Though she had a single that reached #22 on the charts in 1966 and wrote songs for British pop-soul diva Dusty Springfield (with whom she also had a long-term romantic relationship), Norma Tanega has remained an obscure cult figure. Call me an optimist, but I think that situation might be remedied by Real Gone Music’s recent green-vinyl reissue of Walkin’ My Cat Named Dog, a delightfully quirky folk-rock record that quickly charms its way into your heart—especially that chart-dwelling title track alluded to earlier. I mean, RGM only produced 1,000 copies, but maybe this review will tip the scales in Tanega’s favor. (HAHAHAHA.)
All kidding aside, you gotta love the moxie of opening your debut album with a song title “You’re Dead.” Tanega grabs you from the get-go with a matter-of-fact voice that’s somewhat flat yet alluring, like Bobbie Gentry (or indeed Springfield), with a lower timbre and less breathy flamboyancy… or like Buffy Sainte-Marie without the stentorian vibrato. Tanega’s music is urgent, stripped-down folk-rock that gives Bob Dylan and Phil Ochs’ songcraft a run for its trenchancy. “Treat Me Right” is upbeat folk with gospel-vocal call-and-response uplift. “Waves” and “Jubilation” form a diptych of feel-good, intimate anthems that celebrate coupledom, in waltz time.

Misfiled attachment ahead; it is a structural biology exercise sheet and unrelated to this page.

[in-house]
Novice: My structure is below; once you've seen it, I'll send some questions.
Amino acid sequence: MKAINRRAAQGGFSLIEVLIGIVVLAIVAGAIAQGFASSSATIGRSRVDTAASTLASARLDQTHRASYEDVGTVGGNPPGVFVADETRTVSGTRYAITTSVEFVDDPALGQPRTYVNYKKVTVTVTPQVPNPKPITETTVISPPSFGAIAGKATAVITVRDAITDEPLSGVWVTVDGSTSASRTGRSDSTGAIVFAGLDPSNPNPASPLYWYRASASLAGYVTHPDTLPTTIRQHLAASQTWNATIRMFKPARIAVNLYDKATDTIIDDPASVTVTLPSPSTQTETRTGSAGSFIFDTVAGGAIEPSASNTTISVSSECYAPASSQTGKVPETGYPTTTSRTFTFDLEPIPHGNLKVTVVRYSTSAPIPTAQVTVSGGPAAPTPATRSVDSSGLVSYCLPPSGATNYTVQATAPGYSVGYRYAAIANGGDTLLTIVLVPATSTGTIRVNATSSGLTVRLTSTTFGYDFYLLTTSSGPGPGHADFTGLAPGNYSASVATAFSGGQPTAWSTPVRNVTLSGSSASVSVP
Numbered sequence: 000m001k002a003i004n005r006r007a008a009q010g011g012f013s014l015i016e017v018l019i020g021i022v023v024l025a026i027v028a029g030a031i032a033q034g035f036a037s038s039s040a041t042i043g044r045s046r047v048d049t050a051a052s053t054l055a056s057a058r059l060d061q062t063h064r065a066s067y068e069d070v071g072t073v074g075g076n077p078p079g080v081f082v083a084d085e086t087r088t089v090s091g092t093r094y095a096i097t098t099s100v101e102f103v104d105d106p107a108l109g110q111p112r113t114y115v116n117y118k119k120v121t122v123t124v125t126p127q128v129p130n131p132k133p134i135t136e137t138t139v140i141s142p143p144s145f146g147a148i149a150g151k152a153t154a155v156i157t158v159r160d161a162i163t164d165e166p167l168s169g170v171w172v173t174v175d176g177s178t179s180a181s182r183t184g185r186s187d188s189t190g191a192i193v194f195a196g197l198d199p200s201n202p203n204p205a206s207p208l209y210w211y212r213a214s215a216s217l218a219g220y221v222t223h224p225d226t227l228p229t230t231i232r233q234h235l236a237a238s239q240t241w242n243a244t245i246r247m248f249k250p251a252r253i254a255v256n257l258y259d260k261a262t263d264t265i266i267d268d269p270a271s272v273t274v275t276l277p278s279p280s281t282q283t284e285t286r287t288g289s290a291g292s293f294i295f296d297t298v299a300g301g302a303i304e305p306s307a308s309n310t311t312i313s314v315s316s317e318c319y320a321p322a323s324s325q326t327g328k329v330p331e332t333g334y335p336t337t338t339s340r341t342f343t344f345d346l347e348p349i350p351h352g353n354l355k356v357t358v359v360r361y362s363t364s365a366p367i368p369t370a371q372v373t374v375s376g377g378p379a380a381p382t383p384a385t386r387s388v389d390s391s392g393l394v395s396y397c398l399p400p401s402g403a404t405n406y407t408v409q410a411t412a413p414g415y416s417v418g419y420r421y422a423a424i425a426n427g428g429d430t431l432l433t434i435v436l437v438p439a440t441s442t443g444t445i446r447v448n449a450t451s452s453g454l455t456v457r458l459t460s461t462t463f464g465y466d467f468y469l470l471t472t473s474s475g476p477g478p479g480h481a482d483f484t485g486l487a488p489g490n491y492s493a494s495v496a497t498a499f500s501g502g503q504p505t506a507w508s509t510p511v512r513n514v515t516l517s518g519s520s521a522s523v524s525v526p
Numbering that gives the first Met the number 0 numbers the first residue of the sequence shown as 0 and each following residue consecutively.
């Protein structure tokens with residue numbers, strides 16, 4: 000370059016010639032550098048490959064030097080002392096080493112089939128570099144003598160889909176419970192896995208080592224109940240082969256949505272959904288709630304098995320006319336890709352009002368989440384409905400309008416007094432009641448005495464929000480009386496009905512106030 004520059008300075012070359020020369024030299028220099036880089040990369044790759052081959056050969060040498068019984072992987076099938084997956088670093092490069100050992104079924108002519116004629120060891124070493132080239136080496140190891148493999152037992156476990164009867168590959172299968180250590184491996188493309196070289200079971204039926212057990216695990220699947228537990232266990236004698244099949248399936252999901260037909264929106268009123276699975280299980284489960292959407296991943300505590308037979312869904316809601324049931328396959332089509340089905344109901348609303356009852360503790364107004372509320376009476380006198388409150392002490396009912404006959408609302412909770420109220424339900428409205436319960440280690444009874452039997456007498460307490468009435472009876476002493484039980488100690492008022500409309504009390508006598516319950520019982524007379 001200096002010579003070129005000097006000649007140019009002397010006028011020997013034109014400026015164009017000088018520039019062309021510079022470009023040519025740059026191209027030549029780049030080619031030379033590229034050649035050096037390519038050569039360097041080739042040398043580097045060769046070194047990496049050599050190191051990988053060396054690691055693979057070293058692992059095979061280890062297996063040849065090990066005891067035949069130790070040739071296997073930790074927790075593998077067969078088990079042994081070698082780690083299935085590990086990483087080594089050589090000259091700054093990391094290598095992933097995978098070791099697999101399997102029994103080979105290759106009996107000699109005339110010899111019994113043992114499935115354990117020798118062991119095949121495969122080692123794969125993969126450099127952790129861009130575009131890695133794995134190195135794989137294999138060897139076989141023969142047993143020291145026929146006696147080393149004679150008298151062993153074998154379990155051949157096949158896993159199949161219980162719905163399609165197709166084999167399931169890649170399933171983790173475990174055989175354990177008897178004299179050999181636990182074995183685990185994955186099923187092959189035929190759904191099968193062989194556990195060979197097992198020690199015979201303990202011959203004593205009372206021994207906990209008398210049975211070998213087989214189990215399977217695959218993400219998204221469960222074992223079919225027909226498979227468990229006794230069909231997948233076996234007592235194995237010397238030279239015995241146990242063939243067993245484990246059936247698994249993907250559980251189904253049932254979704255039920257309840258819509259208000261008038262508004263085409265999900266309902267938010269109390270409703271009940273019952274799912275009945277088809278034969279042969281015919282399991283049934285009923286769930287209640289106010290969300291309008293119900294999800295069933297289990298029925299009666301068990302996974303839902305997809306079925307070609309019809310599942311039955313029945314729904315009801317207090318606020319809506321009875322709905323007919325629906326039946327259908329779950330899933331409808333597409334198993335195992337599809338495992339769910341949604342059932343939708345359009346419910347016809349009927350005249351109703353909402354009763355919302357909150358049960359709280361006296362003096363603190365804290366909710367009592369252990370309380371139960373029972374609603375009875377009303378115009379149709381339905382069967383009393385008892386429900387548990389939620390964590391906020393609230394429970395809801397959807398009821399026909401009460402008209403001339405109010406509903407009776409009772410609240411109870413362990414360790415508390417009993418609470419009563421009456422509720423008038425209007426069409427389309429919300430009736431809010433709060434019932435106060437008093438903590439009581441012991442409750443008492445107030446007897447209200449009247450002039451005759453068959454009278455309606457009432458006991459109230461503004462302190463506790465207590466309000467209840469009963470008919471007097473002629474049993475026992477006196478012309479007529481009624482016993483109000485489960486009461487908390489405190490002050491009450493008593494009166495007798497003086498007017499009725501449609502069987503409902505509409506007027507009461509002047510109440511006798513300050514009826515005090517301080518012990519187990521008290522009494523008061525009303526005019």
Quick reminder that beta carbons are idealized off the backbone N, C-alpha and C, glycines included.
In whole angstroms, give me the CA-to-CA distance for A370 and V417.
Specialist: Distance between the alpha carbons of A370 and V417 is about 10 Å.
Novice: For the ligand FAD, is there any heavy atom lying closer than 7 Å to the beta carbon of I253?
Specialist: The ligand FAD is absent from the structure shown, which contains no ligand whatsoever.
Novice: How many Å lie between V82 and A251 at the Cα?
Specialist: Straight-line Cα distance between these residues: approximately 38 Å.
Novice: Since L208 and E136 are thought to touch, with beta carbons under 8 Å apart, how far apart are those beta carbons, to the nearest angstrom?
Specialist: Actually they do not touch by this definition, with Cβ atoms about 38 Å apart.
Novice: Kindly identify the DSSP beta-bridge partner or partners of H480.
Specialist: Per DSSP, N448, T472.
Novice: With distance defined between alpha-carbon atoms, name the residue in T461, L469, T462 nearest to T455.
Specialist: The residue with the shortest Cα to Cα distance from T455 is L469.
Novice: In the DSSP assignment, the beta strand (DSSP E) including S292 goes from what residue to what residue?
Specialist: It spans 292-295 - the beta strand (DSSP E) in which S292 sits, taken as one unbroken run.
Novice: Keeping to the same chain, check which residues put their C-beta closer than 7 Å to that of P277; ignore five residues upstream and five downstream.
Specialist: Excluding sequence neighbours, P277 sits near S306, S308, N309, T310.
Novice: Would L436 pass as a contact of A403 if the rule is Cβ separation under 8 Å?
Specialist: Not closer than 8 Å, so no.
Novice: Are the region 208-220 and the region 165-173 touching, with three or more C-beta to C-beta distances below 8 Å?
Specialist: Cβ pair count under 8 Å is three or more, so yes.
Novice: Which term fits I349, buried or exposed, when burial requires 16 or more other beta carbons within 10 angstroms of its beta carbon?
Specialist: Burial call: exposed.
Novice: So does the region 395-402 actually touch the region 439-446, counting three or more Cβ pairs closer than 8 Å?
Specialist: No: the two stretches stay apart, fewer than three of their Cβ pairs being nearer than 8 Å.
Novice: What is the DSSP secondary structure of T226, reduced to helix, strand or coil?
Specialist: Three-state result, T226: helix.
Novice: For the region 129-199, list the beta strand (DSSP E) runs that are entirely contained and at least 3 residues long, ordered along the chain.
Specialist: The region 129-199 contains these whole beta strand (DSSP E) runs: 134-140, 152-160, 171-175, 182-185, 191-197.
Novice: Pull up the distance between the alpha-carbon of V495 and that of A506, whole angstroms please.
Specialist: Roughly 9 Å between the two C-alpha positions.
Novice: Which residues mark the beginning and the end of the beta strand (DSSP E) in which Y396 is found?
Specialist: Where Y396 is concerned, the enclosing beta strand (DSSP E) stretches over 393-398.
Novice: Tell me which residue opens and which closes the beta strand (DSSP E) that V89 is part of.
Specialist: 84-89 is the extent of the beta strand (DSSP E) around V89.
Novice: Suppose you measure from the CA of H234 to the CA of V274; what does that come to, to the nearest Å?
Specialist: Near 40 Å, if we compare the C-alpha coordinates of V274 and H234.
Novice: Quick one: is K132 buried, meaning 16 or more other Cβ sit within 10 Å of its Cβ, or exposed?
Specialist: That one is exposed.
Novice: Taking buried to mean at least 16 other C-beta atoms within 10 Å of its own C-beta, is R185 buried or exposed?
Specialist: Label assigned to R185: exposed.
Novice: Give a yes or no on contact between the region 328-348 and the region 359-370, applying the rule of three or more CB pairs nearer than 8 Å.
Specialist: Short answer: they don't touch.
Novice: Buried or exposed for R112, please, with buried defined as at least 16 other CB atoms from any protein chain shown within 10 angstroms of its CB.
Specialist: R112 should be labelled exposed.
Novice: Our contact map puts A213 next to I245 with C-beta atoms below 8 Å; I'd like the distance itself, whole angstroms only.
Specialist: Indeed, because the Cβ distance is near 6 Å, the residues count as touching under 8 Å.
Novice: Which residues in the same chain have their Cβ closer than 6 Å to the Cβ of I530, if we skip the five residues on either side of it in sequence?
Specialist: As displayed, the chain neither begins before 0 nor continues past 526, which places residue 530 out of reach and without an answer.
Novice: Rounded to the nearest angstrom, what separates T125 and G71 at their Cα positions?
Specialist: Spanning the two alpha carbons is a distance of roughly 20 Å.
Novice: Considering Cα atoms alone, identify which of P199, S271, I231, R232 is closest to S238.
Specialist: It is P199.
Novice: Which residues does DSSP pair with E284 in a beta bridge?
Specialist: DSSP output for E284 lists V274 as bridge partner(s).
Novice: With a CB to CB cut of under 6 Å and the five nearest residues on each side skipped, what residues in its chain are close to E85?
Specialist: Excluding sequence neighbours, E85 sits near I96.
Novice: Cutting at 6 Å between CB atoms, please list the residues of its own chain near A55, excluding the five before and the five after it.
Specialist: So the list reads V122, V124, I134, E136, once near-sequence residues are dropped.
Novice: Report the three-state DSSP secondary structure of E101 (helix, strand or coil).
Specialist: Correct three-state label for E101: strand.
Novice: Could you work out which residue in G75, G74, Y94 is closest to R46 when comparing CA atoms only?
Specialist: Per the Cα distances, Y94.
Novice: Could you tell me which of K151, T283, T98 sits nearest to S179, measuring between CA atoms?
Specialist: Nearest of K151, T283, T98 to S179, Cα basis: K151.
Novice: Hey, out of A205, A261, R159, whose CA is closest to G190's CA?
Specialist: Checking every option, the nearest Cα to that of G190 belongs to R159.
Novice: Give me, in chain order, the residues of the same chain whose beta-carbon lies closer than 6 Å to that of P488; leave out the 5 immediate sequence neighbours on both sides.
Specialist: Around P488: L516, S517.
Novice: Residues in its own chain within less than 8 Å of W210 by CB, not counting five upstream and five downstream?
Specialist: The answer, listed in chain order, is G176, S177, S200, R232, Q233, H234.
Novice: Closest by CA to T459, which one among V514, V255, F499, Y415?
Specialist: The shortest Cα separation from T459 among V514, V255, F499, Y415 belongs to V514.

The dramatic orchestral pop of “Don’t Touch” features a chorus paraphrasing that of Petula Clark’s “Downtown.” It should’ve been a hit! What did become a hit, “Walkin’ My Cat Named Dog,” is simply one of the greatest songs of the ’60s, a lolloping melody that makes you want to tear off all of your clothes, wad ’em up, and throw ’em in the air. Mutedly euphoric, the song sounds like Martha & The Vandellas gone folk, and it reflects Tanega’s genius for surprising song structures and idiosyncratic harmonica tones. “A Street That Rhymes At Six A.M.” offers another Motown simulacrum, but in off-kilter folk mode. So damn fresh.
For variation, there’s “What Are We Craving?” (a stomping, martial tune with Nico-like vocals), “No Stranger Am I,” (an Astrud Gilberto-esque saudade folk tune in an odd time signature), and “Hey Girl” (a cover of the 1870s Appalachian folk standard “In The Pines,” which was made famous by Lead Belly… and then more famous by Nirvana and Mark Lanegan). Oddly, the album closes with its most conventional track, “I’m The Sky,” whose jaunty poppiness recalls the 5th Dimension.
Walkin’ My Cat Named Dog is one of the most welcome reissues of the year. The fact that the latest edition of it already has sold out bodes well for its rehabilitation. Now get to repressin’, Real Gone Music. -Buckley Mayfield